Élysée Treaty

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The signing of the treaty in the Salon Murat of the Élysée Palace

The Élysée Treaty was a treaty of friendship between France and West Germany, signed by President Charles de Gaulle and Chancellor Konrad Adenauer on January 22, 1963 at the Élysée Palace in Paris. With the signing of this treaty, Germany and France established a new foundation for relations that ended centuries of rivalry between them.


DFG / LFA Buc school in Buc, Yvelines, France was established by this treaty

The treaty called for regular consultations between France and West Germany on all important questions concerning defense, education and youth issues. It also requires regular summits between high-level officials, which implies that the Heads of State and Government have to meet at least twice a year and the Ministers of Foreign Affairs every three months, to ensure close collaboration between the two states.[1]

The first meeting between the two heads of state took place at the private home of General de Gaulle at Colombey-les-Deux-Églises in September 1958. Since then, French and German heads of state have kept up the strong relationship, often considered as the engine of European integration (see Franco-German cooperation).

Additionally, an interministerial commission was established to coordinate and overlook the Franco-German collaboration. It consists of high-ranked officials of every involved ministry.


Just two months after the signing of the friendship treaty, a new controversy between France and Germany occurred. President de Gaulle intended the treaty to make West Germany distance itself and eventually separate itself from its American protector. He saw West Germany (and the other member states of the European Economic Community) as vassalized by Washington. The treaty was notable in that it made no mention of the US, Britain, NATO, or the General Agreement on Trade and Tariffs (GATT).

However, after US President John F. Kennedy expressed his displeasure about this to the West German ambassador to the United States, the Bundestag ratified the treaty with a preamble which called on France and West Germany to pursue tight cooperation with the US, for Britain's eventual admission to the EEC, for the achievement of a free trade accord in the framework of the GATT and for the West's military integration in NATO under US leadership. This effectively emptied the Treaty of any sense (in Gaullist understanding) and put end to General de Gaulle's hopes of building the EEC into a counterweight to the US and the USSR. "The Germans are behaving like pigs. They are putting themselves completely at the Americans' service. They're betraying the spirit of the Franco-German Treaty. And they're betraying Europe."[2]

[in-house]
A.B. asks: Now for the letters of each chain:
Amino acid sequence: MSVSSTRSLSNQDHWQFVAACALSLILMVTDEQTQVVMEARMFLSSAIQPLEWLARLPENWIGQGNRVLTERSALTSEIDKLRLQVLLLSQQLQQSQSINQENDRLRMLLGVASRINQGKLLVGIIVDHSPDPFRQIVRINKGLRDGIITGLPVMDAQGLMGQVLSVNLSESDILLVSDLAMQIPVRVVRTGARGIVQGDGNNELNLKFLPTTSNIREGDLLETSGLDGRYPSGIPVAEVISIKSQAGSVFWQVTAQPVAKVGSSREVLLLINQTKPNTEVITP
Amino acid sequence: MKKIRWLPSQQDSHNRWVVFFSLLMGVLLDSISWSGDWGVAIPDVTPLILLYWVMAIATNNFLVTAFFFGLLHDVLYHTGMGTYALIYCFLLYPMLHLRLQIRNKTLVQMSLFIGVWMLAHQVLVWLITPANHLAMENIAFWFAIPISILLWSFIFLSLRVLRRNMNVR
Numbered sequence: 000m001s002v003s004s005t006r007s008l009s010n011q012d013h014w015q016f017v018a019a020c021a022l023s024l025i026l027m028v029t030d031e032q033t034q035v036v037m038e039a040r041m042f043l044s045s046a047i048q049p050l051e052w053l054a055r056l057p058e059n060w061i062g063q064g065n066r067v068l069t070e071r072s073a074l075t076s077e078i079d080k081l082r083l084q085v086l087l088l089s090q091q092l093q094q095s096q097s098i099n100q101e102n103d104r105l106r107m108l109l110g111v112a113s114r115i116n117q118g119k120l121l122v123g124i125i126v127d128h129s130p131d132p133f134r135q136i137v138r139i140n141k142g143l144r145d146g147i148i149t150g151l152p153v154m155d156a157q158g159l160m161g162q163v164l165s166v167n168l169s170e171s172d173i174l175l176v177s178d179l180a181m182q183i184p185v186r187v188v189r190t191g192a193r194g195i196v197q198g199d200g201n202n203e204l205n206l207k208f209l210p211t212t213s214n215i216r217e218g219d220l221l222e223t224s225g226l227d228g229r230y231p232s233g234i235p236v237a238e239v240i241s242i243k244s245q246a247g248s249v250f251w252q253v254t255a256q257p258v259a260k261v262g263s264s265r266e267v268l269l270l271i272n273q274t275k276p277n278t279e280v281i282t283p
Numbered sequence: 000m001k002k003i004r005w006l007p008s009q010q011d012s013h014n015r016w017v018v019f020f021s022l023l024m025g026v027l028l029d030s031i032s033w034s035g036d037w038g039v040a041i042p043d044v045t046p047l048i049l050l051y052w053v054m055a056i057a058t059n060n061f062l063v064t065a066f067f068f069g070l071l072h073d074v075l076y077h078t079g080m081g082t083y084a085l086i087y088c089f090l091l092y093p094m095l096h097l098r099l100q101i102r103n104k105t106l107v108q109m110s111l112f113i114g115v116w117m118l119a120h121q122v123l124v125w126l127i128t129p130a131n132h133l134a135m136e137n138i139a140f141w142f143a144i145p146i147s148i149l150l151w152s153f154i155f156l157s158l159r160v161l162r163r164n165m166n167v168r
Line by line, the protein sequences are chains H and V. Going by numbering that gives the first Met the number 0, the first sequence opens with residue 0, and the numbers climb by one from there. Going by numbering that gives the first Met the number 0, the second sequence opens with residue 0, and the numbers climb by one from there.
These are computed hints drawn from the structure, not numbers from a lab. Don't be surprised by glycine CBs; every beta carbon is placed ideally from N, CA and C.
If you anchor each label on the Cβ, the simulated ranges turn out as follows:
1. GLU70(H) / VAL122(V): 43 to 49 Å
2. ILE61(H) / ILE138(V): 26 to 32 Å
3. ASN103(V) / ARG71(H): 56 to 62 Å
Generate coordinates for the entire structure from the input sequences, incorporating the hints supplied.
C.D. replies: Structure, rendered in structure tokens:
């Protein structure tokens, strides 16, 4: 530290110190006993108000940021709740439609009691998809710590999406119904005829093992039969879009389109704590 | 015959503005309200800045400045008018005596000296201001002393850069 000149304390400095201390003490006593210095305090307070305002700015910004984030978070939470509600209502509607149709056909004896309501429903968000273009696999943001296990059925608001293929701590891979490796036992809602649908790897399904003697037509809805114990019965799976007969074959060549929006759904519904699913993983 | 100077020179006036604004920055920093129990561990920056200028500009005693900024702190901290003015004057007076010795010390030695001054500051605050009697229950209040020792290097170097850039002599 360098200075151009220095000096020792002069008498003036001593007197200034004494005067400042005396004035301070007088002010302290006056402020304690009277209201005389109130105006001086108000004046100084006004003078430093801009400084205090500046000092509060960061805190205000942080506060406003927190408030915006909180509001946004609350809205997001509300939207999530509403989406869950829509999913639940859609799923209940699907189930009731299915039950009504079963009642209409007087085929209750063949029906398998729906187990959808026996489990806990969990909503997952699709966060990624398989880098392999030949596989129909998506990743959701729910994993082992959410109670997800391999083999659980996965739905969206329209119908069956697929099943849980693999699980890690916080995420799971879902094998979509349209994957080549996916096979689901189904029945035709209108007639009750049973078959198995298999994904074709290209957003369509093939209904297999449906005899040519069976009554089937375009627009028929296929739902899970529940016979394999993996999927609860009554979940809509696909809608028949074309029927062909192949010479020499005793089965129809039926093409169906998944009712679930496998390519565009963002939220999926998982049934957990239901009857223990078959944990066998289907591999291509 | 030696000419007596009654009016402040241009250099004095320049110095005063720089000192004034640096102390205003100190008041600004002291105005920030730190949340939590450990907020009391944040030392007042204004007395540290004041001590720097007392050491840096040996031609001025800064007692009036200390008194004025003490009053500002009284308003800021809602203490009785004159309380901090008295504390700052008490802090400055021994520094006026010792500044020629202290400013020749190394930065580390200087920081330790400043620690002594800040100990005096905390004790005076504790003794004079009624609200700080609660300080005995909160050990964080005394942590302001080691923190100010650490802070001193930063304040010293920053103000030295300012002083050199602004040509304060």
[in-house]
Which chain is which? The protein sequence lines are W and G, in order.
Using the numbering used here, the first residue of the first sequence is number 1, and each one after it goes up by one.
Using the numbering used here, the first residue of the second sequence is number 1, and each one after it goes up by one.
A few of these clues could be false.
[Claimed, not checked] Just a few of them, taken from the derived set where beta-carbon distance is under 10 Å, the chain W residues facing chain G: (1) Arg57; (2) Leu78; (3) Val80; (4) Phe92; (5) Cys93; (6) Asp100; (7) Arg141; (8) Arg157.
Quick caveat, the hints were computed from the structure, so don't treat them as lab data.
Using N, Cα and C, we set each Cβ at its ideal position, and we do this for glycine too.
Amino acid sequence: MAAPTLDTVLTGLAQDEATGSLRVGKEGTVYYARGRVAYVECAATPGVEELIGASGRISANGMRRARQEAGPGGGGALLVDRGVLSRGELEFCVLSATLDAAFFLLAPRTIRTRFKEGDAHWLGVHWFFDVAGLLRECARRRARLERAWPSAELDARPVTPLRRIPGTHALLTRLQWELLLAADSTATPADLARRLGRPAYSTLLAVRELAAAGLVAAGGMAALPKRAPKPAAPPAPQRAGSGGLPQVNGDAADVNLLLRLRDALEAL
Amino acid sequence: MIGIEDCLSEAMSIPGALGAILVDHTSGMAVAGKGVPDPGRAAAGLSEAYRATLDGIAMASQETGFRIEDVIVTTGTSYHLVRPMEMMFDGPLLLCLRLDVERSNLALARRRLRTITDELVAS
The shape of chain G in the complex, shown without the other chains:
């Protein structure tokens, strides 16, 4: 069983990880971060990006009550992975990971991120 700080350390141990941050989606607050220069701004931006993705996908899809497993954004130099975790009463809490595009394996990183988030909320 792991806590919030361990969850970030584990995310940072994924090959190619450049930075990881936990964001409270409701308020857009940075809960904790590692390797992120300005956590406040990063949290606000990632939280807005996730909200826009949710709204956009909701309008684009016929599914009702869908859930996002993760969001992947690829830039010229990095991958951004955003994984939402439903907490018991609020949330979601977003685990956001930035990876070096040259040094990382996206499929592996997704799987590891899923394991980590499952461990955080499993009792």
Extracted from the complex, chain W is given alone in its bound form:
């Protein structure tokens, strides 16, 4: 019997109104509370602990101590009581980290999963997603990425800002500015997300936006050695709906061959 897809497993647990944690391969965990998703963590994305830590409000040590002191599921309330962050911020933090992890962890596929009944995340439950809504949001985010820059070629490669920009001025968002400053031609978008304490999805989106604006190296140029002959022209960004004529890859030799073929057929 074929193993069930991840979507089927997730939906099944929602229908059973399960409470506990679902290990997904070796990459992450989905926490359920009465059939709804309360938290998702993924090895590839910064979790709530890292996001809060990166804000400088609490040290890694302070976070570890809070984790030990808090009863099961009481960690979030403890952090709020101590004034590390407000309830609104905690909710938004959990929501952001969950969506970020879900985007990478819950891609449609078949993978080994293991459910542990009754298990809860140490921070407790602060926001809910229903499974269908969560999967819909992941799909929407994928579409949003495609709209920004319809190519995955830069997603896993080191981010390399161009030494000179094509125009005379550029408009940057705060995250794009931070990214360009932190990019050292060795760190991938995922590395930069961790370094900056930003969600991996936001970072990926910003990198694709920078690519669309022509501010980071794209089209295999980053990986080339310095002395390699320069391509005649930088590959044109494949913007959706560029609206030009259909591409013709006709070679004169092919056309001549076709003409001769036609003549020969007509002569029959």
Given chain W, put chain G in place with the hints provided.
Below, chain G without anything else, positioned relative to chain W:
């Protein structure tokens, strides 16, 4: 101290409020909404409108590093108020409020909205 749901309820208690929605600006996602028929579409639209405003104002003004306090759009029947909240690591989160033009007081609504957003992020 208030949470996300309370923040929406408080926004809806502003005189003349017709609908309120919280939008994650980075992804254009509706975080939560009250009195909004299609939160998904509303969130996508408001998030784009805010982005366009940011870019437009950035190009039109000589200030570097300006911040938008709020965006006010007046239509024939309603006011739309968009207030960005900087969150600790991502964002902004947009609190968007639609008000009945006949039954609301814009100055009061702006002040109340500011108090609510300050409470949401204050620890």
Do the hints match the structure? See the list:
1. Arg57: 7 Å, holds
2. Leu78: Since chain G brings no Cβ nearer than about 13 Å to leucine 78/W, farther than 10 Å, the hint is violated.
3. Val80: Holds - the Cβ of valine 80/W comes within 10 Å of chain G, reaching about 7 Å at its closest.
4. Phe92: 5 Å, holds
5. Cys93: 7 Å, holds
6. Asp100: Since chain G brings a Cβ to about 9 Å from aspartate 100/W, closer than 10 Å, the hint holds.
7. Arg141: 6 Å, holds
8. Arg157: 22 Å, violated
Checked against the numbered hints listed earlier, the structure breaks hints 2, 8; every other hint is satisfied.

Later, in 1965, the General told his closest aides behind closed doors :

"The Germans had been my greatest hope; they are my greatest disappointment." [3]


DFG-LFA Freiburg in Germany, another of the treaty's French-German schools

Among the direct consequences of the Treaty are the creation of the Franco-German Youth Office (l'Office Franco-allemand pour la jeunesse/Deutsch-Französisches Jugendwerk), the creation of Franco-German high schools and the twinning between numerous French and German towns, schools and regions. Another outcome of the Treaty was the Franco-German military brigade, which was established in 1987 and is still intact.

In January 2003, the Assemblée Nationale and the Deutsche Bundestag met in Versailles to celebrate the 40th anniversary of the Treaty. A very symbolic place to meet, considering the history of humiliation both countries had to face at the palace [4] (see Treaty of Versailles 1871 and Treaty of Versailles 1919).

New forms of bilateral coordination between the two countries were created in the course of the 40th anniversary celebration, such as the Franco-German Ministerial Council, which meets twice a year. The celebration also led to the creation for the first time of a common Franco-German History Coursebook to be used in both countries and foster a shared vision of history. Additionally, a so called Élysée-Fond was established to promote Franco-German culture projects in third countries. Also, double citizenships for French and German citizens in the opposite country are now easier to obtain, or in some cases finally possible.

See also[edit]


  1. ^ "The Élysée Treaty". www.deutschland-frankreich.diplo.de. Retrieved 27 September 2016. 
  2. ^ Alain Peyrefitte, C’était de Gaulle, Editions Fayard, Paris 1997, tome 2, pp. 270.
  3. ^ Alain Peyrefitte, C’était de Gaulle, Editions Fayard, Paris 1997, tome 2, pp. 303-305.
  4. ^ Gunkel, Christoph. "Treaty Heralded New Era in Franco-German Ties". Spiegel Online. Retrieved 26 September 2016. 
  • Ansbert Baumann (2003) Begegnung der Völker? Der Élysée-Vertrag und die Bundesrepublik Deutschland. Deutsch-französische Kulturpolitik von 1963 bis 1969. Frankfurt: Peter Lang, ISBN 3-631-50539-6.
  • Ansbert Baumann (2002) Die organisierte Zusammenarbeit. Die deutsch-französischen Beziehungen am Vorabend des Élysée-Vertrags (1958–1962). Ludwigsburg: DFI compact, 1, ISSN 1619-8441.
  • Corine Defrance, Ulrich Pfeil (2005) Der Élysée-Vertrag und die deutsch-französischen Beziehungen 1945–1963–2003. Munich: Oldenbourg, ISBN 3-486-57678-X.
  • Corine Defrance, Ulrich Pfeil (2012) La France, l’Allemagne et le traité de l’Élysée, 1963–2013, Paris: CNRS, ISBN 978-2-271-07488-1.
  • Ulrich Lappenküper (2001) Die deutsch-französischen Beziehungen 1949–1963. Von der „Erbfeindschaft“ zur „Entente élémentaire“. Munich: Oldenbourg, ISBN 3-486-56522-2.
  • Ulrich Pfeil (2012) "Zur Bedeutung des Élysée-Vertrags" [1]

External links[edit]